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Cò: The Symbolic Soul of Vietnam's Countryside

Is Chim Lạc based on a real bird?

The specific species that may have inspired the bird that led Vietnam’s ancestors into the Red River Delta 3,000 years ago is a matter of great debate. The animal cast on countless bronze drums as a symbol of how nature provides for Vietnamese prosperity could be a stork. Or a crane. Possibly a hornbill or a heron. Given its elongated beak, it’s probably not a hawk, eagle or other bird of prey. It might even be a now-extinct bird or a mythical creature.

But determining which specific animal may have inspired Chim Lạc is both impossible and unnecessary, especially when taking into account Vietnamese frequently uses the same word for wildly unrelated species such as porcupines and hedgehogs (both nhím) and casual terms can refer to a number of animals regardless of their actual taxonomical relations. Thus con cò can be used for certain types of stork as well as unrelated egrets, herons and even pelicans that are united via several characteristics: light-colored plumage, long sleek legs for stepping through mud and water to hunt for fish and frogs, and long beaks at the ends of slender necks.

Con cò may be one of the first animals a child ever hears of thanks to the popular lullaby

“Con cò mà đi ăn đêm,
Đậu phải cành mềm lộn cổ xuống ao.
Ông ơi ông vớt tôi nao,
Tôi có lòng nào ông hãy xáo măng.
Có xáo thì xáo nước trong
Đừng xáo nước đục đau lòng cò con.”

A con cò goes to look for fish during the night
Landing on a soft branch, it tumbles down a pond
Mister, could you help to scoop me up 
And if I shall betray you, you could cook me 
In case you do, please use clean water to cook
Don’t cook me with dirty water, my children would be hurt

This song, known to all mothers in Vietnam, aligns con cò with poor farmers who may die at the hands of the rich, yet hope their deaths are “clean” after having lived a life free of dirty deeds or treachery.

Vietnamese encounter con cò frequently in assigned folk literature and poems where the bird is associated with hardworking women who toil and sacrifice for their families.  Chế Lan Viên wrote a famous poem dedicated to them and they are referenced frequently in Ca Dao pieces: “Con lươn thụt xuống; con cò bay lên” (brother eel dives, mother con cò flies). Vietnamese writers continue to make use of their image, such as Nguyễn Phan Quế Mai  who ends a recent poem: 

Con cò would be used as a stand-in for female farmers

It is no surprise that con cò would be used as a stand-in for female farmers and an image associated with lives connected to the land, as many of the birds, of which there are numerous species in Vietnam, often hunt, roast and soar beside rural people bending down to tend to their rice.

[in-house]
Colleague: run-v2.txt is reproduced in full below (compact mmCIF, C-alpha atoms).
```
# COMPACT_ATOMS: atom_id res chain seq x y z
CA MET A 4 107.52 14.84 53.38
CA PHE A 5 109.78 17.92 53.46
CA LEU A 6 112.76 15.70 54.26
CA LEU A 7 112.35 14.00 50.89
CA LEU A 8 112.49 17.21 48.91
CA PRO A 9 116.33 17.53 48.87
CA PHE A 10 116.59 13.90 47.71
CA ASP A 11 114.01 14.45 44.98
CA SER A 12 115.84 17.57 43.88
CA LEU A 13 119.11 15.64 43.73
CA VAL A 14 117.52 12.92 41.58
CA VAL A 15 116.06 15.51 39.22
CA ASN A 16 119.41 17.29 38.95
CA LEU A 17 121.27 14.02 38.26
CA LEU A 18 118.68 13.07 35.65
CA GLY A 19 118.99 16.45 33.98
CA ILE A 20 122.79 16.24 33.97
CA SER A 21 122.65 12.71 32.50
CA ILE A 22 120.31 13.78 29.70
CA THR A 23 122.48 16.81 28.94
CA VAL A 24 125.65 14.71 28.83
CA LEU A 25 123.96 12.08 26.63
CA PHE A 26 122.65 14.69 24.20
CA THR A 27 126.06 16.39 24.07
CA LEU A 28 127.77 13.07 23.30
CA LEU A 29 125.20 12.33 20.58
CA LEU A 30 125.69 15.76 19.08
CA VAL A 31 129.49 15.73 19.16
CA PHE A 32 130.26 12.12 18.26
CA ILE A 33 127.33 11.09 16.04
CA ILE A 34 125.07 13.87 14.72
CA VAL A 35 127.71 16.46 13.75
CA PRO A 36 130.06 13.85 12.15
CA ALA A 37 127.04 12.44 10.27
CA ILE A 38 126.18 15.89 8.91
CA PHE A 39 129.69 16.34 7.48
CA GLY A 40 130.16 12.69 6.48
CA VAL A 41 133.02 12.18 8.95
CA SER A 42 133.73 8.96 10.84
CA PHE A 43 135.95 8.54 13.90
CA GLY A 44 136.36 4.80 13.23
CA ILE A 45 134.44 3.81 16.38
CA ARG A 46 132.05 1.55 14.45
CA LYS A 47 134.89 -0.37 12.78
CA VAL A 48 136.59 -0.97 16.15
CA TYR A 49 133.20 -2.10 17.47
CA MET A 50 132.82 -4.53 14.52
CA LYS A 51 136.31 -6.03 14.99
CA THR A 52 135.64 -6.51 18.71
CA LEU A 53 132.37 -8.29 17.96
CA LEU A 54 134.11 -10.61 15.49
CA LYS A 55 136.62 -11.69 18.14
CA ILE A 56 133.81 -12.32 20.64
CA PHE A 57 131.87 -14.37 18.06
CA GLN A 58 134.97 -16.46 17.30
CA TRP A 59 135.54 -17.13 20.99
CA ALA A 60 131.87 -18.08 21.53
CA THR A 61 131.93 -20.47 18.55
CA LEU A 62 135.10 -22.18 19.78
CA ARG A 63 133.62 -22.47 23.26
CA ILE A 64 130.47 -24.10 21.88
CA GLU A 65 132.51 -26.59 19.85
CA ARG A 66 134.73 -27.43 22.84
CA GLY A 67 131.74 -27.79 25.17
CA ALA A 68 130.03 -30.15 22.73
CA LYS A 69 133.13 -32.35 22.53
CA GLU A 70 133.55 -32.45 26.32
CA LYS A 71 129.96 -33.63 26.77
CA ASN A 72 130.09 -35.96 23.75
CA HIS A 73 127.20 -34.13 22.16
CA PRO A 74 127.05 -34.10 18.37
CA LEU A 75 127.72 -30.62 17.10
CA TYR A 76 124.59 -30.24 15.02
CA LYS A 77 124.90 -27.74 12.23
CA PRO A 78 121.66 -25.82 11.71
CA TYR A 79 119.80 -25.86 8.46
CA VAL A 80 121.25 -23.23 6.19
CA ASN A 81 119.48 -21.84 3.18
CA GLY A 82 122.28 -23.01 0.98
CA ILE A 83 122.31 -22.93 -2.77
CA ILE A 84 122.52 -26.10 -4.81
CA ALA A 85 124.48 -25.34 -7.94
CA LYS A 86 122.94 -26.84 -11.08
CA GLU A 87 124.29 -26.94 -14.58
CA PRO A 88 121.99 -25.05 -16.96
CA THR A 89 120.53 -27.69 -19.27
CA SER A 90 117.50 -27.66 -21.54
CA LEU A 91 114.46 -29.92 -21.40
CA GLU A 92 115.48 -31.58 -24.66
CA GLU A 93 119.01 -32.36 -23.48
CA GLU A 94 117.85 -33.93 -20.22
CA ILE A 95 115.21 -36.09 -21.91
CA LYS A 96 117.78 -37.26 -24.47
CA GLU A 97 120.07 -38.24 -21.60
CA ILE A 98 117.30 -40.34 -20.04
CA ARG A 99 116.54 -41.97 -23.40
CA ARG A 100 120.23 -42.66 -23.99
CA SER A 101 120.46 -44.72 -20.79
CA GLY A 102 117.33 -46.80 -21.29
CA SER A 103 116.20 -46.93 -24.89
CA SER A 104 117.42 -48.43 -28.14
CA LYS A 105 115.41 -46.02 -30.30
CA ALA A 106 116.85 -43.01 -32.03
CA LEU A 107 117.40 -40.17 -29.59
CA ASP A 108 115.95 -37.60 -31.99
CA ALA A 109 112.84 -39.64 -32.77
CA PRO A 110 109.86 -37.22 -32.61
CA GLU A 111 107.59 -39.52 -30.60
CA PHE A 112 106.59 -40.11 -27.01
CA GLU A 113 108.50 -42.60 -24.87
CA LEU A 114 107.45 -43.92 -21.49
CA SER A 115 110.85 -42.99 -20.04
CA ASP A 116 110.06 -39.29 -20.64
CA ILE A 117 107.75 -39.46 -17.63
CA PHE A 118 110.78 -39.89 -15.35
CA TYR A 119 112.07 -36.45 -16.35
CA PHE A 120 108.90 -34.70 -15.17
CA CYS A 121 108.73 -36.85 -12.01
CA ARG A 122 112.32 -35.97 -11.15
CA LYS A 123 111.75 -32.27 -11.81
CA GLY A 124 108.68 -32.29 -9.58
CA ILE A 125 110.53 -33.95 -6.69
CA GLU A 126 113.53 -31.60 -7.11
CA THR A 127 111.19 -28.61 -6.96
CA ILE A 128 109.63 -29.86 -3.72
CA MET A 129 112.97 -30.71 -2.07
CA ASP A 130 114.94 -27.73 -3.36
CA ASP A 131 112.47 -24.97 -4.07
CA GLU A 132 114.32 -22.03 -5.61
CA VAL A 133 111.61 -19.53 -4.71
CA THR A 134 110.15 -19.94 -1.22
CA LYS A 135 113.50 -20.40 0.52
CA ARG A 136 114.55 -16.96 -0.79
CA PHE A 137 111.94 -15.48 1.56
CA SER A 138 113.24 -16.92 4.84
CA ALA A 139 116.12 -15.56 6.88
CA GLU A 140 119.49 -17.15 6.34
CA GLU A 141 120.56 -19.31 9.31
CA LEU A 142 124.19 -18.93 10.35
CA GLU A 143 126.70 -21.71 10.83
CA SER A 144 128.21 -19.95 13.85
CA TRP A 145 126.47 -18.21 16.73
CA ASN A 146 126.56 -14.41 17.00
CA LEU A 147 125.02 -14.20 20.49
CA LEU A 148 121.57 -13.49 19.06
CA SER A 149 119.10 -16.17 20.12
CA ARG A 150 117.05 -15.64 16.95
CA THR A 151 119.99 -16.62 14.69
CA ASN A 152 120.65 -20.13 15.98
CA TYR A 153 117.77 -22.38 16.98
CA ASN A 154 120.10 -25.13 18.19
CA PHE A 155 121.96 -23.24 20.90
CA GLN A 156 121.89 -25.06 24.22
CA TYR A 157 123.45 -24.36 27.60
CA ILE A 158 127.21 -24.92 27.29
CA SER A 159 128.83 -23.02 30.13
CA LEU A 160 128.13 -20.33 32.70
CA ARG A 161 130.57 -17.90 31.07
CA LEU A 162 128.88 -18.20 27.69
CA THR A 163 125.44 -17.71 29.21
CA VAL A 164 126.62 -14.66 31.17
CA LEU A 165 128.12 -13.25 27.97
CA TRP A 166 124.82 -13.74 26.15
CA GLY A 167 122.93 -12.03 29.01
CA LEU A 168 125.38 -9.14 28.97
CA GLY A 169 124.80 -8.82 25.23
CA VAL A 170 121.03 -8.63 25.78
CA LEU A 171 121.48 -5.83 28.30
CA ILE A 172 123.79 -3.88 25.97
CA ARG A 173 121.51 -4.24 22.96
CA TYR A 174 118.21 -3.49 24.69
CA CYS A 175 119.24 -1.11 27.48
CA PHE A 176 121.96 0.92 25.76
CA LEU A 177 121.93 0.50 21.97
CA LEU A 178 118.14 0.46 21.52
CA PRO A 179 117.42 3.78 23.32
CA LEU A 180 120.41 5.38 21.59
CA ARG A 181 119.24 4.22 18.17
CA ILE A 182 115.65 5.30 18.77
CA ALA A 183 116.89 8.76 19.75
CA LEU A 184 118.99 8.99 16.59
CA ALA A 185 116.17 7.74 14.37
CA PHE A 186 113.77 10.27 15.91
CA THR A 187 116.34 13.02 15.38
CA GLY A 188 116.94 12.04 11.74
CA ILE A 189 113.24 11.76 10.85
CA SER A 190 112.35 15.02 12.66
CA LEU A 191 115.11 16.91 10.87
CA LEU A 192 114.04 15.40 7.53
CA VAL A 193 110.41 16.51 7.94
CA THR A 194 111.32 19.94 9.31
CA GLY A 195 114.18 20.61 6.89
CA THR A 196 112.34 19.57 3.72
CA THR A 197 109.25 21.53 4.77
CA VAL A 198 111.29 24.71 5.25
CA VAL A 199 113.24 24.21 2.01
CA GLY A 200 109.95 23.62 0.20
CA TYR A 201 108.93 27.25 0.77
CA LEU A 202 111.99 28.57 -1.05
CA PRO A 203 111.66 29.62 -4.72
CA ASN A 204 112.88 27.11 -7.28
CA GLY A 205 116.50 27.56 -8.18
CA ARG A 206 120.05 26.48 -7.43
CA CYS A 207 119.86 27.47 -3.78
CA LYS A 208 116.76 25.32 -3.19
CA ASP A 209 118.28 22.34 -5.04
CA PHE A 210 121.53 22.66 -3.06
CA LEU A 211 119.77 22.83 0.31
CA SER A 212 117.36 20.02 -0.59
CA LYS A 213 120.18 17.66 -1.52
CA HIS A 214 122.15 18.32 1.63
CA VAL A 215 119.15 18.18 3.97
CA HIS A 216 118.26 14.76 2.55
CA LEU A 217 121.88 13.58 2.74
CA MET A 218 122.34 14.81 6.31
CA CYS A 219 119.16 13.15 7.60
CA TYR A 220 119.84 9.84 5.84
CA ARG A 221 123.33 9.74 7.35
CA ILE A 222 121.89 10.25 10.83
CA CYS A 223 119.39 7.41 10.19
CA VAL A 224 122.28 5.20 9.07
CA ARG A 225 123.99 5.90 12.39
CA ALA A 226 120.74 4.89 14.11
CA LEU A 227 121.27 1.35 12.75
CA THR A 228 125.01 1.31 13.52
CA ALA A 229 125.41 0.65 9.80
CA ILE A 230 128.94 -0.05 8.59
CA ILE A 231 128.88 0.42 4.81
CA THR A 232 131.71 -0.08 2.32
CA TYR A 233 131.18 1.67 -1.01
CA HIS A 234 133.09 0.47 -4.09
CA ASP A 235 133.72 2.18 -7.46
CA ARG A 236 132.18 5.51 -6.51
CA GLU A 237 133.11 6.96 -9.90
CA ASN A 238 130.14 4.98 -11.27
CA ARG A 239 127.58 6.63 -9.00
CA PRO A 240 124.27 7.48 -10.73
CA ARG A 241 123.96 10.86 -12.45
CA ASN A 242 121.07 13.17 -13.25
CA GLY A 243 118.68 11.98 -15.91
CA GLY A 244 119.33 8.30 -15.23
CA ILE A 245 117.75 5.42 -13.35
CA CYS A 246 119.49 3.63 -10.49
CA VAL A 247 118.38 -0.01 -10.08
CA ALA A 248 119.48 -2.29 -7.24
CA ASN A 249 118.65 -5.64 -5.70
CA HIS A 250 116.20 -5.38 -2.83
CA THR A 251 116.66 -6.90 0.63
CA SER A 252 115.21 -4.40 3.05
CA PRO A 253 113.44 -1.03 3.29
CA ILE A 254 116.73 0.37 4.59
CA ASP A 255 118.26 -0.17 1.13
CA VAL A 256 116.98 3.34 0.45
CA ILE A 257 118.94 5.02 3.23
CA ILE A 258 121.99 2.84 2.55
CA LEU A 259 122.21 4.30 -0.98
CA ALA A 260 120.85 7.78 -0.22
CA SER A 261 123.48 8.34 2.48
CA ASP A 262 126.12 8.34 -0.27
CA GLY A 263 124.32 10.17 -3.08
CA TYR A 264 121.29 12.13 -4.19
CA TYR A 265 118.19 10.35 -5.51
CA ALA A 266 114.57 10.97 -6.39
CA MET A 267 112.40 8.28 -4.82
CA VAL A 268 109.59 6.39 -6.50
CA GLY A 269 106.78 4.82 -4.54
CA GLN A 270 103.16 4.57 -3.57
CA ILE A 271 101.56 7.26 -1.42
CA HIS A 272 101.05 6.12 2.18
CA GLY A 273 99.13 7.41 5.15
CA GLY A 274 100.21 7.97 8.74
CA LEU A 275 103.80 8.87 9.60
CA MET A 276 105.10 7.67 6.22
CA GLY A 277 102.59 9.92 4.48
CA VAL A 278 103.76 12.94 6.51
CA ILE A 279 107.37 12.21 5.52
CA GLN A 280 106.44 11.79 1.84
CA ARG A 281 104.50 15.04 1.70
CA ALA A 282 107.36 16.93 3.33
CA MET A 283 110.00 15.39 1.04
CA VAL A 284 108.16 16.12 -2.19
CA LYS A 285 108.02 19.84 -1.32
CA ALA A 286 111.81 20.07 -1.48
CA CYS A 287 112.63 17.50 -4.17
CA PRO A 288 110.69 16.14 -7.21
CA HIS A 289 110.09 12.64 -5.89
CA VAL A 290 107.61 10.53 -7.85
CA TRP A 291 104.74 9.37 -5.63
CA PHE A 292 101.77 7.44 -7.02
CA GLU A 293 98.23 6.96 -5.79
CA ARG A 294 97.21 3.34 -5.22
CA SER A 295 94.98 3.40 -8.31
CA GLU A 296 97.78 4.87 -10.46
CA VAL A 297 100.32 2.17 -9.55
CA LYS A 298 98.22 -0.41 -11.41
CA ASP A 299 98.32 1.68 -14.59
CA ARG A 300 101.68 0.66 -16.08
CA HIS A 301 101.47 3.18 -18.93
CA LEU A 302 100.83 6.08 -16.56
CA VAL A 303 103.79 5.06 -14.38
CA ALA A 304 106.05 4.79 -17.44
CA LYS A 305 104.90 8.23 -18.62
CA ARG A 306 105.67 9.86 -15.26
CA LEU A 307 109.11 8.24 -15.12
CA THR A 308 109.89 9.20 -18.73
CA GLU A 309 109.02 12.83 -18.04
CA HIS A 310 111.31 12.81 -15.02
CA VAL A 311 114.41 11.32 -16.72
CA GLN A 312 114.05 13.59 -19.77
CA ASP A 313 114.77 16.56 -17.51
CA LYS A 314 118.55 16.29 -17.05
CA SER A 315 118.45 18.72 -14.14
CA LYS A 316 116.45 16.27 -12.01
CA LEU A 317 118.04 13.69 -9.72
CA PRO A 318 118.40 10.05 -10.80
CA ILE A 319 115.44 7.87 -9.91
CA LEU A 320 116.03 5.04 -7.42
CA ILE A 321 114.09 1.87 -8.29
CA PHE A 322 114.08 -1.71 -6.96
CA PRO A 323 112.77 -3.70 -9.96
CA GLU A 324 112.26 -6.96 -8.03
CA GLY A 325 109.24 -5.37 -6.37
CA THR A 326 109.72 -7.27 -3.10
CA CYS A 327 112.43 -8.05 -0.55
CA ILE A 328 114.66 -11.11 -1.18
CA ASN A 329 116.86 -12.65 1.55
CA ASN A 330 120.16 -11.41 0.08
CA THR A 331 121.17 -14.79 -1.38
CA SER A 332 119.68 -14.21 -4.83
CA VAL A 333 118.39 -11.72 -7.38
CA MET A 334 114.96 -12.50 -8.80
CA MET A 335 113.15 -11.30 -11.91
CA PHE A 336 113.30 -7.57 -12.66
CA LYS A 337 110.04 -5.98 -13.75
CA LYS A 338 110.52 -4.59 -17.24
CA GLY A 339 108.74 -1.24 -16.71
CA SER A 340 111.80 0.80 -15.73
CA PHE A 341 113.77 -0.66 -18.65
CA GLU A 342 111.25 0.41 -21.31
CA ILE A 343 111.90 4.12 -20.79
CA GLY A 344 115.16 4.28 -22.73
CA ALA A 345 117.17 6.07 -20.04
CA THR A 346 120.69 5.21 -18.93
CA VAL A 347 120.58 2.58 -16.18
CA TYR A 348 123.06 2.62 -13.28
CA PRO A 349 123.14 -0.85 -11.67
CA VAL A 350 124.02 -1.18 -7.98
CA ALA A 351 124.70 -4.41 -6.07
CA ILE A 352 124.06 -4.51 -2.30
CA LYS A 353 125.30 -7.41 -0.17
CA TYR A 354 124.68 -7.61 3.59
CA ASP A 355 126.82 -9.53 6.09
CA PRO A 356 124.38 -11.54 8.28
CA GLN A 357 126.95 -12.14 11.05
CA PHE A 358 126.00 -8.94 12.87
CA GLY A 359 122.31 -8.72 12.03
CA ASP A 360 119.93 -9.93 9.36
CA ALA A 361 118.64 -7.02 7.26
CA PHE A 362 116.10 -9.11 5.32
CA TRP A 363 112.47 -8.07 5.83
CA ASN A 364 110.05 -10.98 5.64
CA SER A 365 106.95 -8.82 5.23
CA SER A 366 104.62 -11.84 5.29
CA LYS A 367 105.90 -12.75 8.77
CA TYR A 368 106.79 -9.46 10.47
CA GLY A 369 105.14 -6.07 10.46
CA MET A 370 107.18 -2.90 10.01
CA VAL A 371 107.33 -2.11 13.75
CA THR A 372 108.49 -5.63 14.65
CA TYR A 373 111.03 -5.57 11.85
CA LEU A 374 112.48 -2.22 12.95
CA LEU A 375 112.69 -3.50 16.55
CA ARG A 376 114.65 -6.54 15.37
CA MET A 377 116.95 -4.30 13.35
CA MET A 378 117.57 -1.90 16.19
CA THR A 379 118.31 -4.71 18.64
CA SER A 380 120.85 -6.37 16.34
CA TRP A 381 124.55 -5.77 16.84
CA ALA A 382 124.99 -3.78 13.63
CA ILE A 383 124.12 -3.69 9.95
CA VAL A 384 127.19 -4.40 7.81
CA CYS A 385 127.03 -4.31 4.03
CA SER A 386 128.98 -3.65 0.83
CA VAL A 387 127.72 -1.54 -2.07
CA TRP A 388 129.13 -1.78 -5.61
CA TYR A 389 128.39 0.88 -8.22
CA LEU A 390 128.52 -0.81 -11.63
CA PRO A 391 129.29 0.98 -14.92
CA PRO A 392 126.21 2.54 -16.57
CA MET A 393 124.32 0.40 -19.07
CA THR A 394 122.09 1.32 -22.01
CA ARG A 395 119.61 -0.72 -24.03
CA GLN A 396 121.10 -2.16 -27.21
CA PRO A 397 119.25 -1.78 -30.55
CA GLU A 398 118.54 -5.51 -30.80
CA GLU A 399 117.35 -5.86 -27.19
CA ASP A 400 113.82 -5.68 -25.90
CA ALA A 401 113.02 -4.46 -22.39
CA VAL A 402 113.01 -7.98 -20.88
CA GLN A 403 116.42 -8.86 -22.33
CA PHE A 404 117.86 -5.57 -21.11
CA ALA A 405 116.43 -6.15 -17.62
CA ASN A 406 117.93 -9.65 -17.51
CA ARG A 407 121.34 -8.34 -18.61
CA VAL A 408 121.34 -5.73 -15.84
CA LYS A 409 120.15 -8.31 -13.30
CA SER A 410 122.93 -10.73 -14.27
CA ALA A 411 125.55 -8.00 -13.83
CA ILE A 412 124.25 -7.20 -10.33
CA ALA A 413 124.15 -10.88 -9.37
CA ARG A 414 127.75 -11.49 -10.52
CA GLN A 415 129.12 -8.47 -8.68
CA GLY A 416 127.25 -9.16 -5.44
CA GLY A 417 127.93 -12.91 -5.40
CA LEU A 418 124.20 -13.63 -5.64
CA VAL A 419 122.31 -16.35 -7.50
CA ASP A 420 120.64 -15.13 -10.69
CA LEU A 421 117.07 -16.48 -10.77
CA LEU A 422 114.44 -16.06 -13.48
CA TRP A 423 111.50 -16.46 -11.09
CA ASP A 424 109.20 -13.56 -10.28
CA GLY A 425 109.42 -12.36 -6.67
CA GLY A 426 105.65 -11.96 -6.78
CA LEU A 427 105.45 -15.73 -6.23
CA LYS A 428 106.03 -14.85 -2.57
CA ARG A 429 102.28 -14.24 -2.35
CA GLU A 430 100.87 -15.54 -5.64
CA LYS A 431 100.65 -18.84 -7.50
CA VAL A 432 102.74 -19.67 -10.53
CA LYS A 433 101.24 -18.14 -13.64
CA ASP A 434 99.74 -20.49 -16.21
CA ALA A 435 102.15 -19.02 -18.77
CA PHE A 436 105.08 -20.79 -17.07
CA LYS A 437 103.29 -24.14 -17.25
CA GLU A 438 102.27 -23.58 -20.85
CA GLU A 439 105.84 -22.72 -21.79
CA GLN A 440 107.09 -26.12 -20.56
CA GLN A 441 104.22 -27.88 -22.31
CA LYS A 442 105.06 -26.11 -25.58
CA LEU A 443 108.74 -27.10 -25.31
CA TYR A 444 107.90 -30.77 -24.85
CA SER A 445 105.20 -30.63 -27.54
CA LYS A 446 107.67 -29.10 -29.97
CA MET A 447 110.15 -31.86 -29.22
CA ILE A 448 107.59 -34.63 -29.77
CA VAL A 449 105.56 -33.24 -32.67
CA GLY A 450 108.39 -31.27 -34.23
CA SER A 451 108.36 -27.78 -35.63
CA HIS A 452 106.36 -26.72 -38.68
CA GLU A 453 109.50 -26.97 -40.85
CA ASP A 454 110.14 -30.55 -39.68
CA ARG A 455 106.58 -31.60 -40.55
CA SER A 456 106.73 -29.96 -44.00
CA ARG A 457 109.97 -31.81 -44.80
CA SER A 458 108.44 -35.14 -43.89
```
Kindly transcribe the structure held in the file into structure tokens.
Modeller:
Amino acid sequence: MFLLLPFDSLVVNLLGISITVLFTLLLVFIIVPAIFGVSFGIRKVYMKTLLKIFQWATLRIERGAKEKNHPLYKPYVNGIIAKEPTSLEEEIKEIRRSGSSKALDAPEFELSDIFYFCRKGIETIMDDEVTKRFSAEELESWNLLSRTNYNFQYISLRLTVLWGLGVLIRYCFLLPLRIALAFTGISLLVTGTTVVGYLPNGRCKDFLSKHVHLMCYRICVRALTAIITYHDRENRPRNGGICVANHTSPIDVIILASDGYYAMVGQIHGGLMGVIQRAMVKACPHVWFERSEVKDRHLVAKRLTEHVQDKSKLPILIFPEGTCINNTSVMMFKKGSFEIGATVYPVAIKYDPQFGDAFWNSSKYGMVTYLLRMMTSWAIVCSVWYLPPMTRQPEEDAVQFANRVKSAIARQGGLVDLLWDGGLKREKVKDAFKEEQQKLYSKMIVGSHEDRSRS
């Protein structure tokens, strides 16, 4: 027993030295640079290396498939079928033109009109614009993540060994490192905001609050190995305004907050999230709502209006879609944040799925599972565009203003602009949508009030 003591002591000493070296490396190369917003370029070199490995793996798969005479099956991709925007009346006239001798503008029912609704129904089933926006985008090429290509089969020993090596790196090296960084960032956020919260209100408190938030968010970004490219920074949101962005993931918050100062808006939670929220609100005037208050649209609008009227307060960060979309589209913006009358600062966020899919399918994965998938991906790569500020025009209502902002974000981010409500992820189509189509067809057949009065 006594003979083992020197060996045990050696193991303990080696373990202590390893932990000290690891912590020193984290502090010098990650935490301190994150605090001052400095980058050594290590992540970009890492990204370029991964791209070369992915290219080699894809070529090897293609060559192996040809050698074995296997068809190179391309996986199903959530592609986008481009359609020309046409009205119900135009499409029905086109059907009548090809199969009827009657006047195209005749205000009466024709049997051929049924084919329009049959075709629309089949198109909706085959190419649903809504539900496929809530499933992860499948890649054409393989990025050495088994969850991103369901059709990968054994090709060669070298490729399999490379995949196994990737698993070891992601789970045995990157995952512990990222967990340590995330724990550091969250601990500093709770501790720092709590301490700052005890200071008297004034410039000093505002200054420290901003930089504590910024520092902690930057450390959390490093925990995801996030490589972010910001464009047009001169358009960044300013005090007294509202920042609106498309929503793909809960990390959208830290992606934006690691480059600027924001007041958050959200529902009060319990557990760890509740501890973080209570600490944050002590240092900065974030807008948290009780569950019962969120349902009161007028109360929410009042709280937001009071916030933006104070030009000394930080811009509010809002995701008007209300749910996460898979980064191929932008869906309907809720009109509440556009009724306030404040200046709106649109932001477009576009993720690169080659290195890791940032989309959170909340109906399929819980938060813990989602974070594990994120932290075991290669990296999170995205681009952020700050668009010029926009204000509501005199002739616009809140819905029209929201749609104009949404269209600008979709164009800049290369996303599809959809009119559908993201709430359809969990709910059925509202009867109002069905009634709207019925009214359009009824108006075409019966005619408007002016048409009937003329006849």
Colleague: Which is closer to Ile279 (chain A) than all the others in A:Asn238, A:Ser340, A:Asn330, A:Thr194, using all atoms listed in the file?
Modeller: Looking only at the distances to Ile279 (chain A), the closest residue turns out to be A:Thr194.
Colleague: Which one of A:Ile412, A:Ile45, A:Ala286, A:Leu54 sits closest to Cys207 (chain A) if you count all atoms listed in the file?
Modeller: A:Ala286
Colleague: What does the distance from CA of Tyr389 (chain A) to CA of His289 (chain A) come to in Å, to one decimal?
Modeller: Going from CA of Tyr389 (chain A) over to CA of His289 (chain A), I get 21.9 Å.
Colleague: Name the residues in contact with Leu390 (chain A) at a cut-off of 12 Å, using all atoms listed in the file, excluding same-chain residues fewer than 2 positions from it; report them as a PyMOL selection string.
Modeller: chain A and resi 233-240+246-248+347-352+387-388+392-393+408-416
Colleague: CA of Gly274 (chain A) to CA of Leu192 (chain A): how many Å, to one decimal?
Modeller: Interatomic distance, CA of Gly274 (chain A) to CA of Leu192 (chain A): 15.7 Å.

People outside of Vietnam’s major cities continue to see them on a daily basis and encounter their image on a number of practical items such as the brand logo of a leading fertilizer. Yet, for the country’s urbanized citizens do not interact with them on a daily basis, con cò exist as metaphors for the slower-paced agrarian lifestyle of past generations or idyllic childhoods. In this way they constitute part of the collective identity of Vietnam, as exemplified by the con cò outfit proposed for Miss Vietnam and their appearance on numerous tour companies’ brand logos and use in modern remixed songs.

But for all that can be represented by con cò, it is difficult to speak too specifically of their behavior as the term refers to different species with different traits. The Little Egret (Egretta garzetta), an archetypal interpretation of the term, is a small and graceful bird whose feathered neck curves into a slender S when flying while the Greater Adjutant (a type of stork), known as the “prodigy of ugliness” has a featherless head that sits at the end of an outstretched neck, pointed like a compass tip when in flight. 

If we consider con cò not as a specific species but a metaphor, they can represent mankind’s abuses of and efforts to protect nature. Poachers hunt them for meat while farmers construct habitats to keep them safe. Meanwhile, humans have greatly altered their diets and disrupted their flight patterns. In some drastic instances, available garbage entices them to not migrate with devastating effects on their reproductive cycles. Further, the use of pesticides in addition to deforestation to make way for farmland has reduced the number of storks around the world. 

Throughout Vietnam, there are several popular con cò islands that draw visitors from the city. Important elements of Vietnam’s efforts to preserve ecosystems, the coastal forests allow guests to reconnect with nature and a lifestyle where humans interacted more closely with the land. One may never be able to look into the sky and see a chim lạc in flight, but a trip to one of those protected spaces or a journey to the countryside will certainly offer up an image of a con cò easing across the horizon. It is not hard to imagine one’s ancestors seeing the same and following it in search of new land to settle. Perhaps, considering con cò will inspire people today to do the same. If you decide to abandon your stressful city life in search of a more peaceful existence in the countryside, you can explain it simply - “I was following con cò.” 

Video Đảo cò chi lăng via


Collages by Phan Nhi, Jessie Trần, Lê Quan Thuận, Phương Phan
Illustrations by Hannah Hoàng
Animation by Phan Nhi and Hannah Hoàng.

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